Frustrated voters turned away in Hurungwe West

via Frustrated voters turned away in Hurungwe West – DailyNews Live 11 June 2015

HURUNGWE – Dozens of potential voters were turned away in yesterday’s elections in the restive Hurungwe West constituency amid claims by rival candidates of gross irregularities, including bussing of Zanu PF supporters to polling stations.

At Rengwe Primary School in ward 16, a massive 120 would-be-voters had been turned away around 4pm when the Daily News crew arrived at the polling station. At least 35 were assisted to vote.

There were also complaints that village heads shepherded their subjects to polling stations.

“Chief Dandawo came here twice and many voters were not comfortable when he arrived,” said Tonderai Dombo, a polling agent for independent candidate Temba Mliswa.

Meanwhile, one Mliswa supporter was allegedly beaten by Zanu PF supporters in ward 17 amid accusations from the ruling party candidate Keith Guzah that the former provincial chairman was campaigning within the confines of polling stations, which is outlawed under the electoral laws.

In ward 17 by midday, 65 people were turned away on the grounds that they were not on the voters’ roll even though they had registration slips.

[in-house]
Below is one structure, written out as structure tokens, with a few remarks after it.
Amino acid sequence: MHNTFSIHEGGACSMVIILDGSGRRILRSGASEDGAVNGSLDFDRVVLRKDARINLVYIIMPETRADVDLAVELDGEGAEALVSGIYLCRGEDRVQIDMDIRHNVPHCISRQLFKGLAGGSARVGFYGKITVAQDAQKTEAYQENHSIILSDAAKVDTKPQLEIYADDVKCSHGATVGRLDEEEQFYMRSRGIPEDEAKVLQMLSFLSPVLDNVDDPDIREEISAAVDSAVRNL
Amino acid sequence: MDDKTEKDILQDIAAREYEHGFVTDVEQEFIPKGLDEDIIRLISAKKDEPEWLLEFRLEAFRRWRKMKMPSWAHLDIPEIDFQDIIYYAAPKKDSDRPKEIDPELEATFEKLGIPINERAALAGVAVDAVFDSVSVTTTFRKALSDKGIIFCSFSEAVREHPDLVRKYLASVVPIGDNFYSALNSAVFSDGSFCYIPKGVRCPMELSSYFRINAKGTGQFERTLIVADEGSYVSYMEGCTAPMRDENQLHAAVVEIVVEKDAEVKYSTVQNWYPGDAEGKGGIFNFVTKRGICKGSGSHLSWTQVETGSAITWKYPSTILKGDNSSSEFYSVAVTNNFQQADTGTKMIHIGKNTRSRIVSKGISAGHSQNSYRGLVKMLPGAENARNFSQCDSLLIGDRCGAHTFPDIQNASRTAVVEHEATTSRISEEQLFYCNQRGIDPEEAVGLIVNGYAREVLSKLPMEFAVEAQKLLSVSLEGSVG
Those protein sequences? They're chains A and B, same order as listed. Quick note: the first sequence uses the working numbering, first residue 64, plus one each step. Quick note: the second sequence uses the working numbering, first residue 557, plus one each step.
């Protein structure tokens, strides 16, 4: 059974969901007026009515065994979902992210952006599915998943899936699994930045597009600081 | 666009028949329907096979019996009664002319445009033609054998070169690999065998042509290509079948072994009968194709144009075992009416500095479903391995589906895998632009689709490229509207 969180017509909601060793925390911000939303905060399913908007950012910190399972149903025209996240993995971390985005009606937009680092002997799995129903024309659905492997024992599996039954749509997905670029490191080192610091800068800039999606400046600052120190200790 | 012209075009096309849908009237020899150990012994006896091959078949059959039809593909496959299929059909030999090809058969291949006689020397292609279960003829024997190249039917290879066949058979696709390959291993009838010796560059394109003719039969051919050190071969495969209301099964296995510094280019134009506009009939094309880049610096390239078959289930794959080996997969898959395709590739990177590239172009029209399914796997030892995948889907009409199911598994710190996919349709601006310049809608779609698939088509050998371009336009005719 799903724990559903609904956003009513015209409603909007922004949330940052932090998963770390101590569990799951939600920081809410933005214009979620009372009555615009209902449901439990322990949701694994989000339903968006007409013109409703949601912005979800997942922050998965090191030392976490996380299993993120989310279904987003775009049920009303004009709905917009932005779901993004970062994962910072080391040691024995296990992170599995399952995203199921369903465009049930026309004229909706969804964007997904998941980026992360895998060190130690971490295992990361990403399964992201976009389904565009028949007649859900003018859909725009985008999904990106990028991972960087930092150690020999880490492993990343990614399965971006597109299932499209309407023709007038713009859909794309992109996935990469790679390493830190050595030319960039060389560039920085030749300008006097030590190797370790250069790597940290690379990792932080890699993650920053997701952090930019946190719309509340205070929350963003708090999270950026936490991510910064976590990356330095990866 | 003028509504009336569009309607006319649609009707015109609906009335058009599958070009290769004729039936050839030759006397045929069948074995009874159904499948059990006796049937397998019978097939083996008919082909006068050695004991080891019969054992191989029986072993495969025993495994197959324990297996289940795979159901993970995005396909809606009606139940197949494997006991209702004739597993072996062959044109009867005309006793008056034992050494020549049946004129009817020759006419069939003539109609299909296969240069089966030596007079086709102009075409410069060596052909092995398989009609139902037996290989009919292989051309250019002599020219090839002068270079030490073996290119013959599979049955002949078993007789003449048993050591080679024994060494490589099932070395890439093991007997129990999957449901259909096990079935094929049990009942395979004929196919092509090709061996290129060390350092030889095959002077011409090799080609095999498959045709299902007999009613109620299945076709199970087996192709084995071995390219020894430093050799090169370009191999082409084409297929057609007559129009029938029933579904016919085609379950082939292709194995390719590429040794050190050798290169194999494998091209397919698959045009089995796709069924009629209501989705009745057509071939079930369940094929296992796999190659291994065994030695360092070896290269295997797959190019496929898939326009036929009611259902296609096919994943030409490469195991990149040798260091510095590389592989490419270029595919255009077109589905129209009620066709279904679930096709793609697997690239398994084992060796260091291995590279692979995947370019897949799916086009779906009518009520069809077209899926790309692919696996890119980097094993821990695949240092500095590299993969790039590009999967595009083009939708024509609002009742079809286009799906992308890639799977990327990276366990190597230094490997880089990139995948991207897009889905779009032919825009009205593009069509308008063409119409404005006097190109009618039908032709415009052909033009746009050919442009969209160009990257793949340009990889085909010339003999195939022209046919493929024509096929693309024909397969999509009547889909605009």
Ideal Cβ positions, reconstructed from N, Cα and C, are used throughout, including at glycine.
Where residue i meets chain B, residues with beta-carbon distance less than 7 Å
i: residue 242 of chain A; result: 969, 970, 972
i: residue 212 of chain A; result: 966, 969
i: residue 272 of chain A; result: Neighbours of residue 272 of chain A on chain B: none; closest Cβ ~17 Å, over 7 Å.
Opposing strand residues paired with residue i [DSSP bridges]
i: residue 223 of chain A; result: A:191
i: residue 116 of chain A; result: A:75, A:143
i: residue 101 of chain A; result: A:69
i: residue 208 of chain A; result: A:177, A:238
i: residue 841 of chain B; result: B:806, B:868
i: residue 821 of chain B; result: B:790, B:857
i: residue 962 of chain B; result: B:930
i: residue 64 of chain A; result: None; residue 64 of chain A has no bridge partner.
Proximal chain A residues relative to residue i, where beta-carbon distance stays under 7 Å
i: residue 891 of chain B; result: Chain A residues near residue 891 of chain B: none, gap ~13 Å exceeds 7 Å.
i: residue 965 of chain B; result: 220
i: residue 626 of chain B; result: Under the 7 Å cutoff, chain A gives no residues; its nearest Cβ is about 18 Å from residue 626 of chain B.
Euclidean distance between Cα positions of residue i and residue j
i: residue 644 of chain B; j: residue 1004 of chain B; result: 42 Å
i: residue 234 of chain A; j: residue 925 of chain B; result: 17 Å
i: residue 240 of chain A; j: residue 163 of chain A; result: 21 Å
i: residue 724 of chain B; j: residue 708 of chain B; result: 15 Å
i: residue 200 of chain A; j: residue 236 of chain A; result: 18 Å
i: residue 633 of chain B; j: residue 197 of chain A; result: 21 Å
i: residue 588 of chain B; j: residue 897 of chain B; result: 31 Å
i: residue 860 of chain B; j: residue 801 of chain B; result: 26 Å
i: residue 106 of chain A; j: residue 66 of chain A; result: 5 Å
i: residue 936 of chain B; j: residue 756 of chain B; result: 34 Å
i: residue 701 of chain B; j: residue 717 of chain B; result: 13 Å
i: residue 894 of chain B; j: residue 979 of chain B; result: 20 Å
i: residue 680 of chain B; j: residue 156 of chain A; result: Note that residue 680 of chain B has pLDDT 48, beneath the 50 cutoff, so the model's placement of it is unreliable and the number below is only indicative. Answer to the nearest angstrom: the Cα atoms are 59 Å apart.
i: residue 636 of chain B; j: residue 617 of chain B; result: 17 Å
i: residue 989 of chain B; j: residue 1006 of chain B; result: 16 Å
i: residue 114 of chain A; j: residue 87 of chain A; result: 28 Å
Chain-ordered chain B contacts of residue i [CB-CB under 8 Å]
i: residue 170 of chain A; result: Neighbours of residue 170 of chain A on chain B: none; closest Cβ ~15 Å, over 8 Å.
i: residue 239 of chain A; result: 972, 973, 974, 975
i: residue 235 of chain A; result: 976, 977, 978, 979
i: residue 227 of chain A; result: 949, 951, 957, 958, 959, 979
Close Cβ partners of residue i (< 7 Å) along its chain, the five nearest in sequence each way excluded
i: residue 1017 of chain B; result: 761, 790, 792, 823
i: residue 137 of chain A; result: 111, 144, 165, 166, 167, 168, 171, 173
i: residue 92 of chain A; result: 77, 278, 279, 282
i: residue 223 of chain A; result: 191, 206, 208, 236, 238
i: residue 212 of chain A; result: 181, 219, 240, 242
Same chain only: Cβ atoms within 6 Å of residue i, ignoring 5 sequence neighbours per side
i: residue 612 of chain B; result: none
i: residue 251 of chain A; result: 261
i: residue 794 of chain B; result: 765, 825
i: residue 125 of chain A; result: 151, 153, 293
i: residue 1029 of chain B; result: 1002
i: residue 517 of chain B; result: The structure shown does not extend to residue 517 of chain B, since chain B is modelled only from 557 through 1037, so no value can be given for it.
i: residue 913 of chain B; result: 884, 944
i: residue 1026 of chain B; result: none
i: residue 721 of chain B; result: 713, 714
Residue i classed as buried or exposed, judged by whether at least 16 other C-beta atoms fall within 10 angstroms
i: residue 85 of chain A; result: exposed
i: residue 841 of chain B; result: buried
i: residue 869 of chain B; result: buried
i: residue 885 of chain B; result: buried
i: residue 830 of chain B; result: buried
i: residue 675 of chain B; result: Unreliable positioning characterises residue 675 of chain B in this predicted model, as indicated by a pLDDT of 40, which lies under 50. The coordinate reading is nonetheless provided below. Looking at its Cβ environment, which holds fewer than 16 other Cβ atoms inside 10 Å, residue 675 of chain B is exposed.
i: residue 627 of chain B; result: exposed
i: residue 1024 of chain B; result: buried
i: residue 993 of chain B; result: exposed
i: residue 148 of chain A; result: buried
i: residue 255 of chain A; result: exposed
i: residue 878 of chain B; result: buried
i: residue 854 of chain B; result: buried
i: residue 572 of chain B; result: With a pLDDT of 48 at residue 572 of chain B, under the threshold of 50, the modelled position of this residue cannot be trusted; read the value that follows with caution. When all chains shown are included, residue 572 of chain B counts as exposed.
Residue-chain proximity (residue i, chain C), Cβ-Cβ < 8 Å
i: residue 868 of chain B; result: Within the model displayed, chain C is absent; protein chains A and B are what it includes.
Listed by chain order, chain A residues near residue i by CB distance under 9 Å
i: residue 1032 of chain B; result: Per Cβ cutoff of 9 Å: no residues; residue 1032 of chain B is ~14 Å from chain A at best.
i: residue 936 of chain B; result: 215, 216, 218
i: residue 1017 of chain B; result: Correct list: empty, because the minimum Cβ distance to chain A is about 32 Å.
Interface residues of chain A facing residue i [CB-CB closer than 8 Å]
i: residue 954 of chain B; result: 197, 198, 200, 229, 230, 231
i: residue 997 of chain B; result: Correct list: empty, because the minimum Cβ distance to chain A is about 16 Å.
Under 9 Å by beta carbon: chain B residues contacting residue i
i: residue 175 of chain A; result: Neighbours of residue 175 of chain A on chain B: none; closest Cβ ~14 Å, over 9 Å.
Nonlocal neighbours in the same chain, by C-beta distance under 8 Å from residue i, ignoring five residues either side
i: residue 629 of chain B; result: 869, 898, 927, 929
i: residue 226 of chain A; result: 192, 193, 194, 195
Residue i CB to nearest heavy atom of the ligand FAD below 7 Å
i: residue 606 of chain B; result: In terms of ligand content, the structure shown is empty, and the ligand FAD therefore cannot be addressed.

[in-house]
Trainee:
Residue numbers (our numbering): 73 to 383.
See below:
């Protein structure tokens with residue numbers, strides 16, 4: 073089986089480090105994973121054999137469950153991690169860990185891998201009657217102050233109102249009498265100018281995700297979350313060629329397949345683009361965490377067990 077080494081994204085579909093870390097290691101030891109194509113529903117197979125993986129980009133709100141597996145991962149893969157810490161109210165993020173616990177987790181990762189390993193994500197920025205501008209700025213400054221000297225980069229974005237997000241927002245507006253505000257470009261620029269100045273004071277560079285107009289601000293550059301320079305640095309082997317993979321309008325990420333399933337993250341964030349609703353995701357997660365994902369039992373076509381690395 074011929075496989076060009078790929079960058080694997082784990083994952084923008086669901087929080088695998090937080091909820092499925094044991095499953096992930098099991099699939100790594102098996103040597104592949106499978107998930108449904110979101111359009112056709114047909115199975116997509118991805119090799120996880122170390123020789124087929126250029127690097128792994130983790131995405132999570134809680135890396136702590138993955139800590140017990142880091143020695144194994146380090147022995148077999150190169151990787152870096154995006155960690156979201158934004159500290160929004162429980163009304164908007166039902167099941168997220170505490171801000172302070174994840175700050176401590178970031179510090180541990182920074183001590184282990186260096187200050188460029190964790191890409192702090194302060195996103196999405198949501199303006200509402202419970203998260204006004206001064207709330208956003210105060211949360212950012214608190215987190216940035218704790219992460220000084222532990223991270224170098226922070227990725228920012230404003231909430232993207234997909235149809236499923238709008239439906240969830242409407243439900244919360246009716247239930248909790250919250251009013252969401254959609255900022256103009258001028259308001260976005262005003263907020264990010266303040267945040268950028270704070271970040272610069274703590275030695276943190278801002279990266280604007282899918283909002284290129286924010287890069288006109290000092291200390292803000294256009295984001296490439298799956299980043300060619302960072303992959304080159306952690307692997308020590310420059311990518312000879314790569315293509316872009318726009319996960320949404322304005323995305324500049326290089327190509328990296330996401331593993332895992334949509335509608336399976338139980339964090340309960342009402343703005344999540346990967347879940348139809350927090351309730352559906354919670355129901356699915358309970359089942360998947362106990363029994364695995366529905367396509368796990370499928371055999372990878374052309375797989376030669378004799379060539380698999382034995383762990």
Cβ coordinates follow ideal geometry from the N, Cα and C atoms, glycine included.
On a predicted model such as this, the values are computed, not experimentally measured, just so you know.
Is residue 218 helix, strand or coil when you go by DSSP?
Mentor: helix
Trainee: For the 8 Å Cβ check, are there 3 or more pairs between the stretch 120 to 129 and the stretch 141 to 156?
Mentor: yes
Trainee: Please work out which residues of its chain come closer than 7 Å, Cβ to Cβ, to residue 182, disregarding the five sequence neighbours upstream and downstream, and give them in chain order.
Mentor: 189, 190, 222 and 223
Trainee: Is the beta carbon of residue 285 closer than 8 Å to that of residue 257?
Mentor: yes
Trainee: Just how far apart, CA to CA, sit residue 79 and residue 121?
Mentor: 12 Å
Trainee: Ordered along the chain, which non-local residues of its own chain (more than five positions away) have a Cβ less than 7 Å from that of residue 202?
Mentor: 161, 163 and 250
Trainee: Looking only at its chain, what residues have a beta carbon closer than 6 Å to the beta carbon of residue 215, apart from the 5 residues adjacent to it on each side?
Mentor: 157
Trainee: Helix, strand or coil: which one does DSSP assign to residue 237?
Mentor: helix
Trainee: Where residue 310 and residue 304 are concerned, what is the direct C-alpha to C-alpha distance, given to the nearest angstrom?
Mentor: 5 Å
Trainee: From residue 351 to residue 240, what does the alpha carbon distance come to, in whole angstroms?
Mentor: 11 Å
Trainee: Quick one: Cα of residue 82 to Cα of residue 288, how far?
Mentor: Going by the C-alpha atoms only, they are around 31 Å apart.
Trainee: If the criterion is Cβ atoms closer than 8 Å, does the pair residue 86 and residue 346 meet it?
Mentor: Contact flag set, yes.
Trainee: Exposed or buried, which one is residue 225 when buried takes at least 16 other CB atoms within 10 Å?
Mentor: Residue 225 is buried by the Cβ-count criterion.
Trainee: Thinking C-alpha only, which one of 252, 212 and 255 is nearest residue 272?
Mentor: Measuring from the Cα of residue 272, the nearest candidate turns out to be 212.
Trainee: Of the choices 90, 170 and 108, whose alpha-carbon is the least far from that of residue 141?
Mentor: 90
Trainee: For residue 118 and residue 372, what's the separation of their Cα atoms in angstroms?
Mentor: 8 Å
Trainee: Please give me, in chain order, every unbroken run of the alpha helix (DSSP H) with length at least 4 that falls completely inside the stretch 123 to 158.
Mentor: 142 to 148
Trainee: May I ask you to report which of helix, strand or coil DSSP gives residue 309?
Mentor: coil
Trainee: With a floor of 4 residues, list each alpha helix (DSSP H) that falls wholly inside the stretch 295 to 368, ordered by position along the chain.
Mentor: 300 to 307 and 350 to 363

“I saw my name on the voters’ roll when I checked only to be told today that I was not on the list,” said Lazarus Matope from ward 17.

Mliswa accused his former party of ferrying people to polling stations.

“Some people were bussed from as far as Magunje and I have raised this issue with Zec,” Mliswa said.

“There were a lot of irregularities in the process and some Zanu PF supporters were boasting that soldiers would come from Magunje barracks to vote.”

At Nyadara polling station, 93 people failed to vote even though they adamantly claimed they were on the voters’ roll.

But eyebrows were raised over the presence of soldiers in the constituency.

Mai Musarurwa, Zanu PF chairlady in ward 15, told the Daily News that Zanu PF would win the elections. She dismissed claims by Mliswa that people had been bussed.

“People were maybe offered transport because of distance,” she said.